Interest is scored based on how much the stakeholder is likely to welcome the prospect of fuel subsidy reform, owing to both material and ideological factors, ranging from 1 (strongly opposed) to 5 (largely neutral) and on to 10 (strongly in favor). Some actors may react based less on the issue itself than on the potential it offers to mobilize in pursuit of other goals, which are noted in Fig. 6.8.

An influence-interest matrix vis-a-vis subsidy reform for key Egyptian stakeholders

Fig. 6.8 An influence-interest matrix vis-a-vis subsidy reform for key Egyptian stakeholders. Source World Bank (2014). Note The scoring methods used for the indicative matrix are intuitive rather than systematic. MB Muslim Brotherhood; SMEs small- and medium-size enterprises

Influence is a multidimensional concept, including political influence at the elite level, access to means of mass communication, financial resources, perceived legitimacy, propensity to engage in violence, and raw numbers. These various factors are combined into a rough measure, ranging from 1 (largely sidelined) to 10 (highly influential) (Fig. 6.8).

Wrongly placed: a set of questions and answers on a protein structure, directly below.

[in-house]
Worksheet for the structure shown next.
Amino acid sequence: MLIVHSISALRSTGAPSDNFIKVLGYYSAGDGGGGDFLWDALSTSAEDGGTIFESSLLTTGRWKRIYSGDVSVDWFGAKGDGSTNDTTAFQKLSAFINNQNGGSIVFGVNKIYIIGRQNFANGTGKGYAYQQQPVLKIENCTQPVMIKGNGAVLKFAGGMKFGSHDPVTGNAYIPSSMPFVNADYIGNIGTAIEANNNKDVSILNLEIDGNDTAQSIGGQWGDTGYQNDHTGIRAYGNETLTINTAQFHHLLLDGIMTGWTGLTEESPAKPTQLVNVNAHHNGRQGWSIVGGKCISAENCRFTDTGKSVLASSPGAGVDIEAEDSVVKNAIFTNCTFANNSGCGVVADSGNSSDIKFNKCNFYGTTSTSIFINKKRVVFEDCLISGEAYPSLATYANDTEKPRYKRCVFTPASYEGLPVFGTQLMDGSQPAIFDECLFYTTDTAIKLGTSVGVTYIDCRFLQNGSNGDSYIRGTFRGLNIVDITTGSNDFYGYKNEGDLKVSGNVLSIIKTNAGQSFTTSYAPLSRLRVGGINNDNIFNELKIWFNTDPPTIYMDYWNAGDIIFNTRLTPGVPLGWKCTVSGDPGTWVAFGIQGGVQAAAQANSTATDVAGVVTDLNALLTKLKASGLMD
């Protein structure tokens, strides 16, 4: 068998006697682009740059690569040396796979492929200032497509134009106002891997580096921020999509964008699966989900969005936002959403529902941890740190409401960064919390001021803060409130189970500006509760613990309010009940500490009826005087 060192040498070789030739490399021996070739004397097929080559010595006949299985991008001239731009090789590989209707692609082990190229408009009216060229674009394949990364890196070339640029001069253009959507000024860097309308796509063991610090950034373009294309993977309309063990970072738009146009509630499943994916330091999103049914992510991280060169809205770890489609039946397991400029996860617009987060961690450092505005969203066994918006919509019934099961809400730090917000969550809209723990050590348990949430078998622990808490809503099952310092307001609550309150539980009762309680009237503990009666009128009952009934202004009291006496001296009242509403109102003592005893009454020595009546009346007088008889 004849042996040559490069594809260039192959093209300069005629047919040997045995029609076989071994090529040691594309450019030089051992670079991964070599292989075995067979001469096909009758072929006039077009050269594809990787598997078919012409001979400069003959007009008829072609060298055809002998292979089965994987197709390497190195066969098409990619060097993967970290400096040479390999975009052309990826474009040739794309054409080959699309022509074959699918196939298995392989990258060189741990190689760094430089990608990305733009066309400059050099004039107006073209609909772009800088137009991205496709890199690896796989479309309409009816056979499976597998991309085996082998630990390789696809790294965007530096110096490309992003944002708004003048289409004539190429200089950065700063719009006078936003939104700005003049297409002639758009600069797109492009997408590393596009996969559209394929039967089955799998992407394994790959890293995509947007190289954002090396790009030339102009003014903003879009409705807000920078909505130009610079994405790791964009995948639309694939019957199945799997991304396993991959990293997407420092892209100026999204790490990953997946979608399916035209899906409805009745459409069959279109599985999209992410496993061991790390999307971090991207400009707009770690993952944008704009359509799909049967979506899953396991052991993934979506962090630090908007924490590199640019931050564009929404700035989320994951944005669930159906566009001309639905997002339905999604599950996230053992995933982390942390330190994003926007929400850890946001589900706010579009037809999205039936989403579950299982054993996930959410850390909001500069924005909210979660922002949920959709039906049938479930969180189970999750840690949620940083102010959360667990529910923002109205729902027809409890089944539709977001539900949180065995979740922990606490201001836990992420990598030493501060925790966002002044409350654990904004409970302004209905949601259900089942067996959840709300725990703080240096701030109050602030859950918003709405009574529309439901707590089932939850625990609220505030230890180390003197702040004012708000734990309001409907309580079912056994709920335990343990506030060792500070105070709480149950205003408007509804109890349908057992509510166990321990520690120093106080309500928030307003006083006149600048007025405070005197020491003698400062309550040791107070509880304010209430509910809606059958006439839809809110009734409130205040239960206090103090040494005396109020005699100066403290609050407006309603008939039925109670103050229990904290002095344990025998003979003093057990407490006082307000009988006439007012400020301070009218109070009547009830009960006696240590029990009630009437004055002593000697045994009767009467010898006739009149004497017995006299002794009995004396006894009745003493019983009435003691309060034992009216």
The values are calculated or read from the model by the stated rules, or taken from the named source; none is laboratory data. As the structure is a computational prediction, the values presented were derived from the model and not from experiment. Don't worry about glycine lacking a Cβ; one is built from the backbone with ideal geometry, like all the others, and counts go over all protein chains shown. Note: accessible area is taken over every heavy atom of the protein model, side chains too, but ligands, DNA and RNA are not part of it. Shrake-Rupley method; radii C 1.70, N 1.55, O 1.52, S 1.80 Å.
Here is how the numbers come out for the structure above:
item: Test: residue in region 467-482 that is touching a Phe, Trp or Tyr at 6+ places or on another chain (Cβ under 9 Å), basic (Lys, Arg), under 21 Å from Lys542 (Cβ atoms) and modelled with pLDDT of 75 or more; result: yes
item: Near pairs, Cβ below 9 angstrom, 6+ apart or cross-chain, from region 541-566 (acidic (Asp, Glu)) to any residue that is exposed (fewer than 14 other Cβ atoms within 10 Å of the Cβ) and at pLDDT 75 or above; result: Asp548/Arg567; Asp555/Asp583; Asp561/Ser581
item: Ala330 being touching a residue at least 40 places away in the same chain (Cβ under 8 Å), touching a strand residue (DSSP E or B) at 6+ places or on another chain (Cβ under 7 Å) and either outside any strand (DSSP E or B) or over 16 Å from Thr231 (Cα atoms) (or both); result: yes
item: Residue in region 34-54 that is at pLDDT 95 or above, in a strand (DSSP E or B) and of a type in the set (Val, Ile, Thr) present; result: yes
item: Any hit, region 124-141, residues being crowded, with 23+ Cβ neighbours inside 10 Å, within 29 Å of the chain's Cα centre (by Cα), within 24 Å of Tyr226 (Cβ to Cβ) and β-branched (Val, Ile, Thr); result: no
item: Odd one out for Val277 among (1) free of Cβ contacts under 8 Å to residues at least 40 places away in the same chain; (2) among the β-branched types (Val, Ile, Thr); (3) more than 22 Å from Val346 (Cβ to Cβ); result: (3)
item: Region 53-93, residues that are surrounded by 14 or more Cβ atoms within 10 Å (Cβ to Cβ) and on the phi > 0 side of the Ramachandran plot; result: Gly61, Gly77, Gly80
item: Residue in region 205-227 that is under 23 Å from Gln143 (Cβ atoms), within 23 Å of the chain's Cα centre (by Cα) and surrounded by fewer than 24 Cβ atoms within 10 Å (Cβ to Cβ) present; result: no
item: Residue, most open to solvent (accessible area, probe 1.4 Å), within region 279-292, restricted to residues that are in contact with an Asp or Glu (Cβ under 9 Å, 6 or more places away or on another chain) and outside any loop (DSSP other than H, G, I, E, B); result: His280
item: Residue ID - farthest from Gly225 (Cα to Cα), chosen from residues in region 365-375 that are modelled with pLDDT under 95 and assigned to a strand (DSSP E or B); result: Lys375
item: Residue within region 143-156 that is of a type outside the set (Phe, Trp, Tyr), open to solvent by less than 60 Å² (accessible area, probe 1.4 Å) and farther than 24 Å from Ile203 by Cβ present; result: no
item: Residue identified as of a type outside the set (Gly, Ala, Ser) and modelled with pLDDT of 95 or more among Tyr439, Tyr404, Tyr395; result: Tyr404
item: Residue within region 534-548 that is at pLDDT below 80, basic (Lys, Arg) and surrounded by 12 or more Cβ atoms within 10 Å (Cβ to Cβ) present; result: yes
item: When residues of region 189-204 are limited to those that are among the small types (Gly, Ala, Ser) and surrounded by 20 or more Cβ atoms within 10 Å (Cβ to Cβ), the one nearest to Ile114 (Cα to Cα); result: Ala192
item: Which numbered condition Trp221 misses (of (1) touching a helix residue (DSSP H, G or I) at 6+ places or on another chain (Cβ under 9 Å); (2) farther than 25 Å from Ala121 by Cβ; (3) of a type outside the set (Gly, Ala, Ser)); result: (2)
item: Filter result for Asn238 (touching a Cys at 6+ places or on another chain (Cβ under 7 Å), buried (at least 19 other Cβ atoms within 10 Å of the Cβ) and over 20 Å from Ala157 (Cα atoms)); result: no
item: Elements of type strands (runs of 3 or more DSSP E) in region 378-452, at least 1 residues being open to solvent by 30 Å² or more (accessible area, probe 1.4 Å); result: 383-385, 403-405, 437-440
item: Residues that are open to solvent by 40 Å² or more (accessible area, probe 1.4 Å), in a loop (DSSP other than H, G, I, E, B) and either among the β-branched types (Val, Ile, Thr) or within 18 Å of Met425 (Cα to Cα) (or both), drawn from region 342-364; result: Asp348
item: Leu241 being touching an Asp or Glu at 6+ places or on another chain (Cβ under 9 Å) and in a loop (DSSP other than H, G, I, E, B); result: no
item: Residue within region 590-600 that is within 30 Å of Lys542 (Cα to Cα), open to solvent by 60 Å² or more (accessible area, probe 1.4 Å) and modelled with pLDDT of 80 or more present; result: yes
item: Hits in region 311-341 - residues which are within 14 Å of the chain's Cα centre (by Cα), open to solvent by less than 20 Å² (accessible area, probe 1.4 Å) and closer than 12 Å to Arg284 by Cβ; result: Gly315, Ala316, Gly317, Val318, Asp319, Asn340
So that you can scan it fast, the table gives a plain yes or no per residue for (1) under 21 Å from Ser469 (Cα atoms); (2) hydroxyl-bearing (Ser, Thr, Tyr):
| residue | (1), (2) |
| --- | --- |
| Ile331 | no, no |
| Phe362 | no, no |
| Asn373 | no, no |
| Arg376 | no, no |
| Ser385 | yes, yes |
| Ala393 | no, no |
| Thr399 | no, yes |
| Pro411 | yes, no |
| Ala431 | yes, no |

The key social interest groups are those in the “low interest” section of the matrix, especially those with both low interest and high influence, who have the potential to become influential opponents of reform, and a few in the low-influence category who may need special protection and guidance. Because the latter group could easily be manipulated by the former, both categories should be a particular target for communications work. These key groups include:

  • Average-income and low-income households are proportionally the hardest hit by subsidy cuts, and those most able to express their displeasure. It will be vitally important to explain the rationale and the mitigating measures in terms they understand.
  • Small businesses and farmers are also disproportionately vulnerable. They may need to be advised on how more reliable energy supplies and higher growth will benefit them, as well as what interim support (e.g., microcredit, assistance with a revised business model) is available. Some sectors (e.g., agriculture, microbuses) may be more vulnerable than others, and these could be identified for a tailored approach.